In preparation of the upcoming Lunar New Year, Reel Asian presents a mini blog series discussing the traditions behind this widely celebrated event.
Join Reel Asian and FACL on March 5 as we hold our first Lunar New Year Fundraiser Dinner to support Reel Asian’s youth mentorship and leadership programs. More information here.
Article written by Philbert Lui.
Lunar New Year Post #1: The Calendars
Be the GOAT!
For most of us, the New Year began 43 days ago on January 1st. But to many people around the world, the New Year will be ushered in on Thursday, February 19th – the first day of the lunar calendar. The lunar calendar is used for a myriad of traditional and religious reasons, and in many regions of the world they are used in conjunction with the Gregorian calendar.
Lunar New Year is celebrated by many Asian cultures but not necessarily on the same date. East and Central Asian celebrations of the Lunar New Year usually begin anywhere between January 21st to February 20th. Countries celebrating Lunar New Year include China, Korea, Vietnam, Tibet, Mongolia, and Japan (prior to 1873). These countries celebrate the New Year around the same time every year due to the traditional Chinese lunar calendar their celebrations are based on. Other Asian countries celebrate the New Year on varying dates in April (Cambodia, Laos, Thailand, Burma).
Having spent most of my formative years in Hong Kong and growing up in a Chinese family, we celebrated each Lunar New Year with passion. But despite going through these festivities year after year, I still had so much confusion surrounding the various calendars and dates that our celebrations the confusion of these varying calendars and dates were not lost on me. Why didn’t the Lunar New Year (Chinese New Year in my case) start on the same day year after year? Why do the years have different lengths? Why do I have to be a rabbit?
As I grew older and my resentment for math subsided, I found the answers to my questions when looking into the history of these calendars. It all boils down to ancient astrological traditions and mathematics from Chinese history. Over 2000 years ago, the start of the year was calculated to be the second new moon after the winter solstice. The ancients also knew that it took approximately 29.5 days for a full lunar revolution or “month” (in many Asian cultures, a month is also known as a “moon”), meaning that 12 lunar revolutions would total 354 days. This was relatively close to the time needed for the earth to make one trip around the sun, but it was shy of the traditional Gregorian 365 days. This small difference was enough to make the old lunar calendar impractical for foretelling seasonal changes.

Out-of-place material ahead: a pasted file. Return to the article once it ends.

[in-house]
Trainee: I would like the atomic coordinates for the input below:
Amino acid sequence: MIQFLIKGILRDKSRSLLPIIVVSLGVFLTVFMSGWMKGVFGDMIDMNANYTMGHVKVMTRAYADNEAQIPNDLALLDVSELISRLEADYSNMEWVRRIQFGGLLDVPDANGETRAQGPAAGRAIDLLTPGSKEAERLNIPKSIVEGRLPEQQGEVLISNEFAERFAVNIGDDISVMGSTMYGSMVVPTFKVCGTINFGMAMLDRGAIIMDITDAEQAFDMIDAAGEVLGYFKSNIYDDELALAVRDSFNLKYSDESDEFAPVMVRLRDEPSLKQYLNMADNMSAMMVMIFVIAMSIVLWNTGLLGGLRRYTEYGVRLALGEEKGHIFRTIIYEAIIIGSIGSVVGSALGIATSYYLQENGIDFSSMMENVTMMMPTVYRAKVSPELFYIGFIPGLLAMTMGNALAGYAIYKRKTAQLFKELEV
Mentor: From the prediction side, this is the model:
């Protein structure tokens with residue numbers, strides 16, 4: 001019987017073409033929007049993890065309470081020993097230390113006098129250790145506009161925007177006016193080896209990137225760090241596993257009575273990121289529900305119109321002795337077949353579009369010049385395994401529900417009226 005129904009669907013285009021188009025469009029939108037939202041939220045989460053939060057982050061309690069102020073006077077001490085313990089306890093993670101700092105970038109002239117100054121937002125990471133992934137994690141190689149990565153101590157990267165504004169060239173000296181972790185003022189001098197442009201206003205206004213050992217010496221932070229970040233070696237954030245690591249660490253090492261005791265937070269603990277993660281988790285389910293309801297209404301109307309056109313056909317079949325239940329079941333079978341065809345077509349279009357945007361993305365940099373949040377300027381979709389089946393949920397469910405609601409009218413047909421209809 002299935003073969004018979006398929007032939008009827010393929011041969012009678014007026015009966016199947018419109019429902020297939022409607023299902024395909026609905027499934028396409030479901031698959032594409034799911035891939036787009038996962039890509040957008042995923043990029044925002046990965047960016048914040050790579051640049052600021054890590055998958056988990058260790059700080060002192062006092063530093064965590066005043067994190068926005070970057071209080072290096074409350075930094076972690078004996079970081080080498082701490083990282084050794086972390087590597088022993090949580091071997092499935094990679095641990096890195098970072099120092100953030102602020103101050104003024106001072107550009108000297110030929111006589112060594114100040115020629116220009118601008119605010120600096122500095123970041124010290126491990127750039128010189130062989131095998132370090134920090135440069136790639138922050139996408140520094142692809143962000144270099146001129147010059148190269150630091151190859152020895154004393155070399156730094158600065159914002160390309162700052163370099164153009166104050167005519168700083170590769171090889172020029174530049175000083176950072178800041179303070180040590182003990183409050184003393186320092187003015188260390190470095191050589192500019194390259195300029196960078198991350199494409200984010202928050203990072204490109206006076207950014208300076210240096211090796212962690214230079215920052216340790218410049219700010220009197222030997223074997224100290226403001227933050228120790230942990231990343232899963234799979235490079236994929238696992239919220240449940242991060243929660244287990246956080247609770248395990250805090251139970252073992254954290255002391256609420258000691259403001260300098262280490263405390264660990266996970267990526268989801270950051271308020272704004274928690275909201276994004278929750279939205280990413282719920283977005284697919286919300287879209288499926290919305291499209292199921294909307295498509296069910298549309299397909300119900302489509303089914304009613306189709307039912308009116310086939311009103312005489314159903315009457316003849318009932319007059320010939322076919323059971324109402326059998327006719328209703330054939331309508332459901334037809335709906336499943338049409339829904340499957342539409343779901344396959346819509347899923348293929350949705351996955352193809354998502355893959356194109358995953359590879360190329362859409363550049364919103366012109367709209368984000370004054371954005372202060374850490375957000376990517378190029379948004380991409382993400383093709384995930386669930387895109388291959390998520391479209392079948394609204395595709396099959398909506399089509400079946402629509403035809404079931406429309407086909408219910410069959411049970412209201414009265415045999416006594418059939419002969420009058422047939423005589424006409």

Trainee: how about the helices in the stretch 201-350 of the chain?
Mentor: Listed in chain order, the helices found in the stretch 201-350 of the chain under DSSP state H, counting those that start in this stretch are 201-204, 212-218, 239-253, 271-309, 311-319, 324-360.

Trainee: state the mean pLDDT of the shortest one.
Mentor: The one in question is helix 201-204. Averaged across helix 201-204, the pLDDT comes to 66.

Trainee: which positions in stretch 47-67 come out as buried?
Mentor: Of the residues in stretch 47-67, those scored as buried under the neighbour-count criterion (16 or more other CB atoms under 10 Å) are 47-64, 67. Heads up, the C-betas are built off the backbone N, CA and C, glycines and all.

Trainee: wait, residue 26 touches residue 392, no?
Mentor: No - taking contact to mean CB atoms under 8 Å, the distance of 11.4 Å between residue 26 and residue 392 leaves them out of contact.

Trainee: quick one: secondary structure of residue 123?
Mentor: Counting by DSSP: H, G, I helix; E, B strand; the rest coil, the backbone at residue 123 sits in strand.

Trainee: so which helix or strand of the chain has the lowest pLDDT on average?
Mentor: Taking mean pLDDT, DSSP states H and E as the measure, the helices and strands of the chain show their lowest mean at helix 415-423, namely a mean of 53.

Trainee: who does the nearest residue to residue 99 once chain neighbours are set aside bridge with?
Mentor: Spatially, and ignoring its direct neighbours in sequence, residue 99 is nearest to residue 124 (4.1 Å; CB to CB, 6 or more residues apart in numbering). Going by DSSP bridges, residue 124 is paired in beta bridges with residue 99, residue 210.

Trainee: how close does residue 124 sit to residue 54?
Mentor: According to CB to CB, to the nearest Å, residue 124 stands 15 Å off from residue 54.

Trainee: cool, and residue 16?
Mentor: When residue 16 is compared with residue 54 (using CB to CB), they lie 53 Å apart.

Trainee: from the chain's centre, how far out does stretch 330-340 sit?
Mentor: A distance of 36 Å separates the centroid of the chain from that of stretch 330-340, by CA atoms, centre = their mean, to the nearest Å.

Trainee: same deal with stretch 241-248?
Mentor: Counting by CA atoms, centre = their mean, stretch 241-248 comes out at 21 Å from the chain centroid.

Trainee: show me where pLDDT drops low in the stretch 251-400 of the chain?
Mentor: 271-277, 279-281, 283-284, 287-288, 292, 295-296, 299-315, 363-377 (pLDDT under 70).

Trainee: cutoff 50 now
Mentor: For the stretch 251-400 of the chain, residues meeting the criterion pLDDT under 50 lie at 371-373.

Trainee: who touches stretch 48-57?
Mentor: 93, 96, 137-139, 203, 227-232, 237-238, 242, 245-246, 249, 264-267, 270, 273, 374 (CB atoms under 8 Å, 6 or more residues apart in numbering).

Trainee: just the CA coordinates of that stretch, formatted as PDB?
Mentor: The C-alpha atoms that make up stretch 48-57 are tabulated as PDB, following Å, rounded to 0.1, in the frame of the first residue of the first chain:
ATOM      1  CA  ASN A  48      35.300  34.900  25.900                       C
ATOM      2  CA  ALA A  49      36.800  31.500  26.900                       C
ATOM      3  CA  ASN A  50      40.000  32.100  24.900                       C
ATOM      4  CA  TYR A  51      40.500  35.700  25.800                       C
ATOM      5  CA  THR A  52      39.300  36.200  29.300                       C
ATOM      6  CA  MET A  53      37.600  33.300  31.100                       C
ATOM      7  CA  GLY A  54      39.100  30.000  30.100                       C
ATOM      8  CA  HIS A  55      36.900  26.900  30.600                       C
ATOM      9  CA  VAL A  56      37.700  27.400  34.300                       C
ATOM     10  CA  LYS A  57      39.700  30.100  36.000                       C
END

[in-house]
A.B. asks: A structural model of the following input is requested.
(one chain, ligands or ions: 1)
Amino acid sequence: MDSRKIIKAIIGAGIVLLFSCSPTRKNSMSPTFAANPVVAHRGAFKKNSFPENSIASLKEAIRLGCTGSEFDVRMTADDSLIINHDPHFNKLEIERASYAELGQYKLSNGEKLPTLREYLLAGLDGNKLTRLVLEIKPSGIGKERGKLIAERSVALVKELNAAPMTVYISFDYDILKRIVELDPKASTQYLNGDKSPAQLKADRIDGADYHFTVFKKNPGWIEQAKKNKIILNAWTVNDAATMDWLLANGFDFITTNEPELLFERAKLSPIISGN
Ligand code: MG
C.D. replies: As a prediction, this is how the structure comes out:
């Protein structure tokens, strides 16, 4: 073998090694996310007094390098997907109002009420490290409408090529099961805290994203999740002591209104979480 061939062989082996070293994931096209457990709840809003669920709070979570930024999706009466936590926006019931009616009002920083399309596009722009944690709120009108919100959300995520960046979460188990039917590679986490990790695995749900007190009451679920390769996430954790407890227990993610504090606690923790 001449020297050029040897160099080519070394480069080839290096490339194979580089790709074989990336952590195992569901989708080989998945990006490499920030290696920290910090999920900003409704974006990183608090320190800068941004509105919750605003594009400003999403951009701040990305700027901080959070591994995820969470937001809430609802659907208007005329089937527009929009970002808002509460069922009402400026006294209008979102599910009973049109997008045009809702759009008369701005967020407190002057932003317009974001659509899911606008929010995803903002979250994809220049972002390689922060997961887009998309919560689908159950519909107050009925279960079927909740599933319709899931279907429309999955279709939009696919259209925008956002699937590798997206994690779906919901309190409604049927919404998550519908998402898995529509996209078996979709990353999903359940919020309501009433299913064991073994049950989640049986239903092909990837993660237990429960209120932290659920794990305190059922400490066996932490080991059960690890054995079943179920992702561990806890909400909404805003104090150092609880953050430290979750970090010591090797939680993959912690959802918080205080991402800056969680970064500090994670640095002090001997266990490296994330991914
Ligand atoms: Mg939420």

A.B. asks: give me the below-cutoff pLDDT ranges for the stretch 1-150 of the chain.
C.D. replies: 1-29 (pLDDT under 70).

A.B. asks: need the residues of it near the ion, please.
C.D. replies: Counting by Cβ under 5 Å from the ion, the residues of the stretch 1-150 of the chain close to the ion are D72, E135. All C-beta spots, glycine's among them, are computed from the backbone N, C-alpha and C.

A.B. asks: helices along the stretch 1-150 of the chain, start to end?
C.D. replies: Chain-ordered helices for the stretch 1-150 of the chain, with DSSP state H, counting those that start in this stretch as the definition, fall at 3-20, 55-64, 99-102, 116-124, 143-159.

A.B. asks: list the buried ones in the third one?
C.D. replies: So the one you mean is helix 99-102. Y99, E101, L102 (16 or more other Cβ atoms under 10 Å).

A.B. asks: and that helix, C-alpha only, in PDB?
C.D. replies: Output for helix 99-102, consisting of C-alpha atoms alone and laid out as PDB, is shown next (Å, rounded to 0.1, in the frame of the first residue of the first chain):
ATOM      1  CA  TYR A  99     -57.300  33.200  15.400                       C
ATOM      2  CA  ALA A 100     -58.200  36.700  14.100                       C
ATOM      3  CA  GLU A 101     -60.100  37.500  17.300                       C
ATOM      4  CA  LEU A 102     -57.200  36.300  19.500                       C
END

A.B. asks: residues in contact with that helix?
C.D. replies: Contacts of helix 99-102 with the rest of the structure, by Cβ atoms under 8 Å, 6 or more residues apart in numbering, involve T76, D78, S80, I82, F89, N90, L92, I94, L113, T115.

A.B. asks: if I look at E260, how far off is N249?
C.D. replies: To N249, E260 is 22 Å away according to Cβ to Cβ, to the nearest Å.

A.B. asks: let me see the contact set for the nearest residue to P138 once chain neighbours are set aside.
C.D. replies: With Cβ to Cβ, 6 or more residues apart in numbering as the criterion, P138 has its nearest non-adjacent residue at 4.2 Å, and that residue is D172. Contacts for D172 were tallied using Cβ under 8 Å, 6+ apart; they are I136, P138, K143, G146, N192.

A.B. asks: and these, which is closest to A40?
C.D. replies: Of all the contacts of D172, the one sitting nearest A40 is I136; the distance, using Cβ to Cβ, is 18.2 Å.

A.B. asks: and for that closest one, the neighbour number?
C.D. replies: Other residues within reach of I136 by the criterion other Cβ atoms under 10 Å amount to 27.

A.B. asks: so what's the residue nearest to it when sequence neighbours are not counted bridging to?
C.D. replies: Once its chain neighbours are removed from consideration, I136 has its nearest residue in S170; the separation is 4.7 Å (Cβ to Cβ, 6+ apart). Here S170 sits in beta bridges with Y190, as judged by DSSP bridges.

In order to fix these imbalances, half of the months were made to have 29 days, and the other half to have 30, which resolved the additional half a day for every month. But to fix the issue of seasonal change preventing the New Year falling on different seasons each year, a 19-year system was put into place in which 12 of these years would be comprised of 12 months but 7 of these years would contain 13 months!
These ancients formulated these systems to measure time and we are still depending on them today, often taking them for granted. I hope I can at least appreciate and be thankful for what our ancestors have done, even if I’m unable to understand it completely. Which is why this time next year, when the new moon is upon us, I will do the right thing and ask my parents when Chinese New Year is – as usual.